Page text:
3 Reasons Pfizer Inc.'s Stock Could Rise

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Pfizer , arguably the preeminent pharmaceutical company in the world, continues to pump out billions in free cash flow annually, deliver delectable gross margins, and pay out an annual dividend that puts the S&P 500 average yield of 2% to shame.

Yet, if you've been a shareholder in Pfizer over the past 15 years, and didn't purchase Pfizer stock during the Great Recession, things haven't been so great from a share price perspective.

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The reason for this is Pfizer's ongoing transition from legacy drugs, for which it continues to lose patent exclusivity on, to a number of new compounds. This multi-year transition has certainly led to a number of bumps and potholes in the road, as evidenced by the company's second-quarter results.

For the quarter, which was reported three weeks ago, Pfizer delivered $12.77 billion in sales, down 2% from the prior-year period, as adjusted profit per share rose 4% to $0.58. A robust share repurchase program continues to play a big role in boosting its EPS. As noted by CEO Ian Read, "I continue to see Pfizer as well positioned to effective execute on our strategy to further strengthen each of our businesses on a global basis and deliver value to all of our stakeholders."

But, Pfizer might be about to ditch its old persona and reward shareholders in a big way. Unfortunately you're not often going to find the nature of the catalysts that could lead this move higher by scratching at the surface in an earnings report. You need to be able to dig below the surface to get at what factors could be the basis of a strong rally in Pfizer's stock. Today, we're going to take a closer look at three such catalysts.

However, before we do that I should make one thing clear: the stock market is a two-way street, and stocks can just as easily go down as they go up. Even with a bullish thesis on paper external and even internal factors can arise which could pressure Pfizer and send its share price lower. So keep that idea in the back of your mind as you're reading this optimistic view on Pfizer.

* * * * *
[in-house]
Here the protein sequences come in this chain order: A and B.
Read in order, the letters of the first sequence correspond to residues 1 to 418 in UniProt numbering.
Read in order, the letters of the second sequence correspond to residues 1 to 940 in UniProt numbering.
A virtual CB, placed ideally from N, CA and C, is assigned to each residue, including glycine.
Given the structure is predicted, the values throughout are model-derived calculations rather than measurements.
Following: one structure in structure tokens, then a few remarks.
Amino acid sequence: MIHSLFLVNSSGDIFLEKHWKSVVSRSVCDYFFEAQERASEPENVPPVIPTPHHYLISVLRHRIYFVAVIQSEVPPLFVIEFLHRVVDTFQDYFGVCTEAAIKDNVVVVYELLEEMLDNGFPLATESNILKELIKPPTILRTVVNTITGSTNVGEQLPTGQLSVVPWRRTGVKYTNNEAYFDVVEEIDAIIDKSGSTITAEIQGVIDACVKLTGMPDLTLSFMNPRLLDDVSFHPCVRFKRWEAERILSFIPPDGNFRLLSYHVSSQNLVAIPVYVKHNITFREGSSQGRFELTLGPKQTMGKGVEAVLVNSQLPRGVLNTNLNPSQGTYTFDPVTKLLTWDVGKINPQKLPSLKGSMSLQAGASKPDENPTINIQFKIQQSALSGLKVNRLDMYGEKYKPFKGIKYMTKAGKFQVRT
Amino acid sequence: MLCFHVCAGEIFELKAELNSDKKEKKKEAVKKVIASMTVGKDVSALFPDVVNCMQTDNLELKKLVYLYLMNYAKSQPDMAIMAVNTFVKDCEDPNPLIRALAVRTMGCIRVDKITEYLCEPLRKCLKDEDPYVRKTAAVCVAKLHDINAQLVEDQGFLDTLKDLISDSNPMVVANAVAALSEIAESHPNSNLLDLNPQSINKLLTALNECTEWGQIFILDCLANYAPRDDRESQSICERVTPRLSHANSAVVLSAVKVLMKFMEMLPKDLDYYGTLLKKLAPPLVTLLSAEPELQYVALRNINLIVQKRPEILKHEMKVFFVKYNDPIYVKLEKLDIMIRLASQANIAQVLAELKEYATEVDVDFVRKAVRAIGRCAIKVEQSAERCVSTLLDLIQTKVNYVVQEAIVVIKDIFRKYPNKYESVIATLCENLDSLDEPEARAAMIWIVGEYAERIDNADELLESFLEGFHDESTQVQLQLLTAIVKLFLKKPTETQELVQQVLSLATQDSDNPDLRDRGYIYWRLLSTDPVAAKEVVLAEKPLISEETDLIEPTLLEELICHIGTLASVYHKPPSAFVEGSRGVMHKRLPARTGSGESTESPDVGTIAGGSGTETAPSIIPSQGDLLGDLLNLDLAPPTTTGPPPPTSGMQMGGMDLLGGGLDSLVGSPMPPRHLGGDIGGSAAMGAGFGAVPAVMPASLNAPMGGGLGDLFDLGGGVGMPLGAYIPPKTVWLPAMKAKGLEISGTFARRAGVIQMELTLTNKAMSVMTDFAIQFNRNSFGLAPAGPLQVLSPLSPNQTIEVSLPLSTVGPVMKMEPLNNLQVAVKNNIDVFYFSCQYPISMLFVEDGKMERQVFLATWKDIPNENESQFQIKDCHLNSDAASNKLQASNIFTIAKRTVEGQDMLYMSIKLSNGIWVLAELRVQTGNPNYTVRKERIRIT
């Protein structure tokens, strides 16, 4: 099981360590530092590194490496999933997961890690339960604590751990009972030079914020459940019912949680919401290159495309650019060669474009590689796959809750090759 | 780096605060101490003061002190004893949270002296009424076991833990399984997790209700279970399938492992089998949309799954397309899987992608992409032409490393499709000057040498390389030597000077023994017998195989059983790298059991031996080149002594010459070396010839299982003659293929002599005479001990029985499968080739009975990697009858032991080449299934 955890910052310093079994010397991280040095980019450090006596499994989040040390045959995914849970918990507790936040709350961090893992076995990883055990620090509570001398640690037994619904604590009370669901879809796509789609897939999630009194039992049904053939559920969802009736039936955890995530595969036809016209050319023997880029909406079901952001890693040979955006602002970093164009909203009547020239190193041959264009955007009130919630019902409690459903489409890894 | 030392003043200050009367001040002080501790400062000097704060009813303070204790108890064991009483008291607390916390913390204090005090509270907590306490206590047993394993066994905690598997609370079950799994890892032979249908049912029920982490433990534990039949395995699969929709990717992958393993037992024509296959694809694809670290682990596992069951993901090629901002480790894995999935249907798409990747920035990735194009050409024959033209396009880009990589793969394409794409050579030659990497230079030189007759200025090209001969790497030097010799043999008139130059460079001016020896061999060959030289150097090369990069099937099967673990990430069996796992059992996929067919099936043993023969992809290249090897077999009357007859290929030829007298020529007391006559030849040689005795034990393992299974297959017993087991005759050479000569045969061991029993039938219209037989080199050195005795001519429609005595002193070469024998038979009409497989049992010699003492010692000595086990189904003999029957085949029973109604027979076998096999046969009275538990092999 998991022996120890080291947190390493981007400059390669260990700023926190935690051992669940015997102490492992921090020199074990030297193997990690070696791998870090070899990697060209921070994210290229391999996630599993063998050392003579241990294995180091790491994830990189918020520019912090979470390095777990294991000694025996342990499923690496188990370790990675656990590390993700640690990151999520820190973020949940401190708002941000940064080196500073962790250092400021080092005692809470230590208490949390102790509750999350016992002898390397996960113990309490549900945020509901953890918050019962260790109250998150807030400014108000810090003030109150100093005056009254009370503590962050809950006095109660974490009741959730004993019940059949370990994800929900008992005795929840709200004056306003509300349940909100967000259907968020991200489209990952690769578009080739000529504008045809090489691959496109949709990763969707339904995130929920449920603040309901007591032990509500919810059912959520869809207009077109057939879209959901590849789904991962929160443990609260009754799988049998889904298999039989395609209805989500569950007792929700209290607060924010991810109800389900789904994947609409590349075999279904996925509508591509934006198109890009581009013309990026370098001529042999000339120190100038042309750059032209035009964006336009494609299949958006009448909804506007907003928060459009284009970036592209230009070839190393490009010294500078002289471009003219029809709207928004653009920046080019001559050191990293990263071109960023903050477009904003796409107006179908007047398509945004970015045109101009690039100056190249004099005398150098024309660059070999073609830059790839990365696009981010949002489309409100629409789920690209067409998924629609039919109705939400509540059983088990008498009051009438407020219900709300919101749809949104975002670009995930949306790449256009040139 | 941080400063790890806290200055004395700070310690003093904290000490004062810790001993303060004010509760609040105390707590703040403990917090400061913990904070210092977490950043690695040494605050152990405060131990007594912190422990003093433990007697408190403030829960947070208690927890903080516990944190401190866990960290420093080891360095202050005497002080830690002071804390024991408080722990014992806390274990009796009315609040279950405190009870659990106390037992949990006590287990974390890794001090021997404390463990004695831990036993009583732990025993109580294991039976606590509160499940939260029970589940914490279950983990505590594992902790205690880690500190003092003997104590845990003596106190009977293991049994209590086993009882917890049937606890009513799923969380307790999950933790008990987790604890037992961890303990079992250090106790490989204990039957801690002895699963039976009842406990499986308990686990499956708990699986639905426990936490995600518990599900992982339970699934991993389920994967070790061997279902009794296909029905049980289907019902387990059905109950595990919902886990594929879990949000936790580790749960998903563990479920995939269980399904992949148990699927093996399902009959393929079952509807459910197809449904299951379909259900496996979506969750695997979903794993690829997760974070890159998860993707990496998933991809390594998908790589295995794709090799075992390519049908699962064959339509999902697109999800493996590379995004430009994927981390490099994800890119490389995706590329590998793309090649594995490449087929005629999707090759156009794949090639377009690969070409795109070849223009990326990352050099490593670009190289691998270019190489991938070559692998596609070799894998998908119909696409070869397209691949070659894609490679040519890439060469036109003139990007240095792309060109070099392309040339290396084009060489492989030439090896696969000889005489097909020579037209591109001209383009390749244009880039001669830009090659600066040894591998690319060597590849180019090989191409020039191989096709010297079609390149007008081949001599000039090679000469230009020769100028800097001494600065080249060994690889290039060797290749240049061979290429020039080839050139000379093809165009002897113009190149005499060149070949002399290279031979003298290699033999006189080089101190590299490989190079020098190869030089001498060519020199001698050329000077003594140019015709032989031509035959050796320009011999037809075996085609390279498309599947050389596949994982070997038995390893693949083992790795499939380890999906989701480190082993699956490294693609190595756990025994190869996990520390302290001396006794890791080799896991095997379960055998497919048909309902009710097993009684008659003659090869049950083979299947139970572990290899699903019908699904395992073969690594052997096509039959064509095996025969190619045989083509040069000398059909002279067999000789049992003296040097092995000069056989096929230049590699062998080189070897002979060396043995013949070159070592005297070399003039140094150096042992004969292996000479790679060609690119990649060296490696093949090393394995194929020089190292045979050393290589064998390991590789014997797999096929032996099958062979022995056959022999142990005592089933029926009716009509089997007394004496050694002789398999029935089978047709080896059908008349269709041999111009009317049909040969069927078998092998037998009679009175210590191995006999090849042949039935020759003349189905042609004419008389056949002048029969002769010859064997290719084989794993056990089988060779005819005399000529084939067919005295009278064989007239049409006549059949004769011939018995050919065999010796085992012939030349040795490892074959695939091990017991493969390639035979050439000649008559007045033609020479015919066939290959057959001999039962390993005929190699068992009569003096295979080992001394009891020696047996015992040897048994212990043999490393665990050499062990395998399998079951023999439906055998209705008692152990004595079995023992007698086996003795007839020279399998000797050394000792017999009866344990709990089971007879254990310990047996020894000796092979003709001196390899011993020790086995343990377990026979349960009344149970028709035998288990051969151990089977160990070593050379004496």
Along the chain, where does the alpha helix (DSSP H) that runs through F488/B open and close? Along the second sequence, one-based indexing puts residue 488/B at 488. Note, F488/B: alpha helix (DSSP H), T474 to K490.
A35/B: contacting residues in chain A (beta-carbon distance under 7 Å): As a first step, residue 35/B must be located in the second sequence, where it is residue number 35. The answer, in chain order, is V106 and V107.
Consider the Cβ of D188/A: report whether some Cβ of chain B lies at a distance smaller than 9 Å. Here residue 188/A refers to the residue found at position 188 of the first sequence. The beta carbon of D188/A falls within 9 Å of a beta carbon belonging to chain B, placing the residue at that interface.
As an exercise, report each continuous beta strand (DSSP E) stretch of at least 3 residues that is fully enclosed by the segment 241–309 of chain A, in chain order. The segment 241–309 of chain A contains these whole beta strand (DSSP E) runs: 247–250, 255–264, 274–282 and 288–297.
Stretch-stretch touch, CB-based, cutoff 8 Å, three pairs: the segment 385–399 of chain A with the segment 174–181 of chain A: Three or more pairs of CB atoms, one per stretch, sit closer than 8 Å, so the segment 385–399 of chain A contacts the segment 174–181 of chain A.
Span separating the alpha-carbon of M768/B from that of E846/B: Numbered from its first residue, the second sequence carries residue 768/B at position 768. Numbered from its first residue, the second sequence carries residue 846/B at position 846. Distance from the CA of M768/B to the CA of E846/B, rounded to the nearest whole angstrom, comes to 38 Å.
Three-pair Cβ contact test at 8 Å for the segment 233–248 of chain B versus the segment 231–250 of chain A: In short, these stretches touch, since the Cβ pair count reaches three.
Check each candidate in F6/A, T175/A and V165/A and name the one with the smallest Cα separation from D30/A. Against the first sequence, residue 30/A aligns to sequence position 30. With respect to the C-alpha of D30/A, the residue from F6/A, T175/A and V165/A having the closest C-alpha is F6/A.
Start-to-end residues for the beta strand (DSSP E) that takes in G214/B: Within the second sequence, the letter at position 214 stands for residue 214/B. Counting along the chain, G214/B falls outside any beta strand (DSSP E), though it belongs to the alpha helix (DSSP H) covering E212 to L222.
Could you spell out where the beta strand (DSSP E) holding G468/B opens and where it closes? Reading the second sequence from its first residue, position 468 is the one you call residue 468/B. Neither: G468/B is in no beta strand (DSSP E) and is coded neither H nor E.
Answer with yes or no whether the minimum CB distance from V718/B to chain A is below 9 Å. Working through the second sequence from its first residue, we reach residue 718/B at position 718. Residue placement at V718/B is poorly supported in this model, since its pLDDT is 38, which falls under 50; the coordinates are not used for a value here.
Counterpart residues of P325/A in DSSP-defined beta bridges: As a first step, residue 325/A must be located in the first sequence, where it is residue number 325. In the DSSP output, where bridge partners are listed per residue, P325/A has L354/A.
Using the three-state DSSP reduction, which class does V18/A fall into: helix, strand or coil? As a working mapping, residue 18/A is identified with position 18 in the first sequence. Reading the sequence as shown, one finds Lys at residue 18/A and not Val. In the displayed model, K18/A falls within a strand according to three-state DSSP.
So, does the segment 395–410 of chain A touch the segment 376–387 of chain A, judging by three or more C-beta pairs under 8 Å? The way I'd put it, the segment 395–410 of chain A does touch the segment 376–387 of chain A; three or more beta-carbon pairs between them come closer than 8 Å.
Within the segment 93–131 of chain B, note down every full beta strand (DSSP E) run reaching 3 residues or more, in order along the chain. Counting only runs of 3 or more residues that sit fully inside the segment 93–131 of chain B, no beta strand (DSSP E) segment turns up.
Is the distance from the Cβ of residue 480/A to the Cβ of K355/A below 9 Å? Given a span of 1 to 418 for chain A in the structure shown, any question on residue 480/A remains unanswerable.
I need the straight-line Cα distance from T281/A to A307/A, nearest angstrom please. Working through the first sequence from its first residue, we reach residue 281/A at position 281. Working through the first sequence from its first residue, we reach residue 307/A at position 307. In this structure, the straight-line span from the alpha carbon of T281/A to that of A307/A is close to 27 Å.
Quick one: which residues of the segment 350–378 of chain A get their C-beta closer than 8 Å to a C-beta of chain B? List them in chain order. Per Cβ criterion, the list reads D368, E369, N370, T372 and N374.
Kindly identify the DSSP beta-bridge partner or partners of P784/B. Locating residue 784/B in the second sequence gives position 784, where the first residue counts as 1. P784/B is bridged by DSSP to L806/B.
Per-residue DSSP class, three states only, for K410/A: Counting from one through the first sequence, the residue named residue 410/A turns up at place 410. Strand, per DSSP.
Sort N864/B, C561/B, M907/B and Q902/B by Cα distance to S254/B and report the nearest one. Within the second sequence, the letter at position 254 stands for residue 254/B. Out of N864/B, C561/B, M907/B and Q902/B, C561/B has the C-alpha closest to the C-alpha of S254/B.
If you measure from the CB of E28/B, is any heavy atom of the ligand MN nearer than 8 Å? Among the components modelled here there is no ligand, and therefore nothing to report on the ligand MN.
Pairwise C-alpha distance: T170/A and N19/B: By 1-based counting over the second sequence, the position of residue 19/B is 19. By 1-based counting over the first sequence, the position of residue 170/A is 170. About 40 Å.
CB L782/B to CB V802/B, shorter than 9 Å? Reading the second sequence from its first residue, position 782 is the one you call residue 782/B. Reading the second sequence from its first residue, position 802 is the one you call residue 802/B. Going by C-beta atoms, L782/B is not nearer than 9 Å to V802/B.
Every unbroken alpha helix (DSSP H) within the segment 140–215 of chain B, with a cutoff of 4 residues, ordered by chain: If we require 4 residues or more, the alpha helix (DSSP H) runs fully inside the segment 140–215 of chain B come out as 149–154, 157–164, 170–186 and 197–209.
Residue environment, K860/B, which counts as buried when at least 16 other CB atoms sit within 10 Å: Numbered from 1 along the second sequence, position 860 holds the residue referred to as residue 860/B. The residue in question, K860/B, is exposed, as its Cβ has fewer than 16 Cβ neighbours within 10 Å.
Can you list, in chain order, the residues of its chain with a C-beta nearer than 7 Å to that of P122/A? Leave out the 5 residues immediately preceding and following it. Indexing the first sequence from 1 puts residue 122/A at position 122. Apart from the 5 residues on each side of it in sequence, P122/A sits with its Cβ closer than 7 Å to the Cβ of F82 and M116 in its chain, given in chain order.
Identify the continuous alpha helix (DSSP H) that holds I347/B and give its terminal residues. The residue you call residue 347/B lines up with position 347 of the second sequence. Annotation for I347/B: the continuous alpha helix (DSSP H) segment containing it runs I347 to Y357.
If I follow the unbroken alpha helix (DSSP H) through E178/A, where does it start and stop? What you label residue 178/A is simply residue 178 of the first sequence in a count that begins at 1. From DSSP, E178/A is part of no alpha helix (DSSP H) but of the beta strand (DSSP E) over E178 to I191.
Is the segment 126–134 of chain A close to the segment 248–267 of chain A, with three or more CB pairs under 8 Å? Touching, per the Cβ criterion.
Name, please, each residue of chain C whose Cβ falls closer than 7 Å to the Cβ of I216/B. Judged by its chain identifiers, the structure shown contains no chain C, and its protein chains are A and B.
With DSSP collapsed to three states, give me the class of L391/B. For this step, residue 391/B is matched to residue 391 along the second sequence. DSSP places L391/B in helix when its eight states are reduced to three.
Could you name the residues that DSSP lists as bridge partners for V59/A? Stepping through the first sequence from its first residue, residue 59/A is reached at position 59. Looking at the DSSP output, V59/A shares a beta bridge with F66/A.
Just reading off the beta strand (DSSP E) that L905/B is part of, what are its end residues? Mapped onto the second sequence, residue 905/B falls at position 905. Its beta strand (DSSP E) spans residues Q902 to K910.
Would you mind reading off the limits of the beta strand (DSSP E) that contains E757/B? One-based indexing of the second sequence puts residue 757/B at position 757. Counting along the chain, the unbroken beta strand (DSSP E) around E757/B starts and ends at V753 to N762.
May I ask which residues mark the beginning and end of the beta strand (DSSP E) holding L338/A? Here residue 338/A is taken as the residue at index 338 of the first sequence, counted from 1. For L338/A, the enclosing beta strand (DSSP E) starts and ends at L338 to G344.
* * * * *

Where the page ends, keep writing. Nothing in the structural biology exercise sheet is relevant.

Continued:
Source: Pfizer investor presentation. Source: Pfizer.


Though Pfizer has an extensive pipeline with a number of exciting existing and upcoming products, including fibromyalgia drug Lyrica which grew sales by 15% operationally during the quarter to $1.32 billion and remains its best-selling drug, as well as Xalkori and Inlyta, two of its oncology drugs which grew operational sales by 59% and 42%, respectively, experimental compound palbociclib remains a cornerstone to its potential success.

Palbociclib, hereafter known as palbo, is the company's first-line estrogen-positive, HER2-negative breast cancer drug given in conjunction with Novartis ' Femara that dropped investors' jaws in 2012 when Pfizer, during a planned interim analysis, announced that it produced a median progress-free survival of 26.1 months, more than triple that of the Femara monotherapy arm at 7.5 months.

It was this data which helped Pfizer earn the breakthrough therapy designation from the Food and Drug Administration for palbo in April 2013. If you recall, the breakthrough designation allows companies to submit game-changing drugs for approval utilizing earlier-stage data if the trial data demonstrates a marked improved over the current standard of treatment.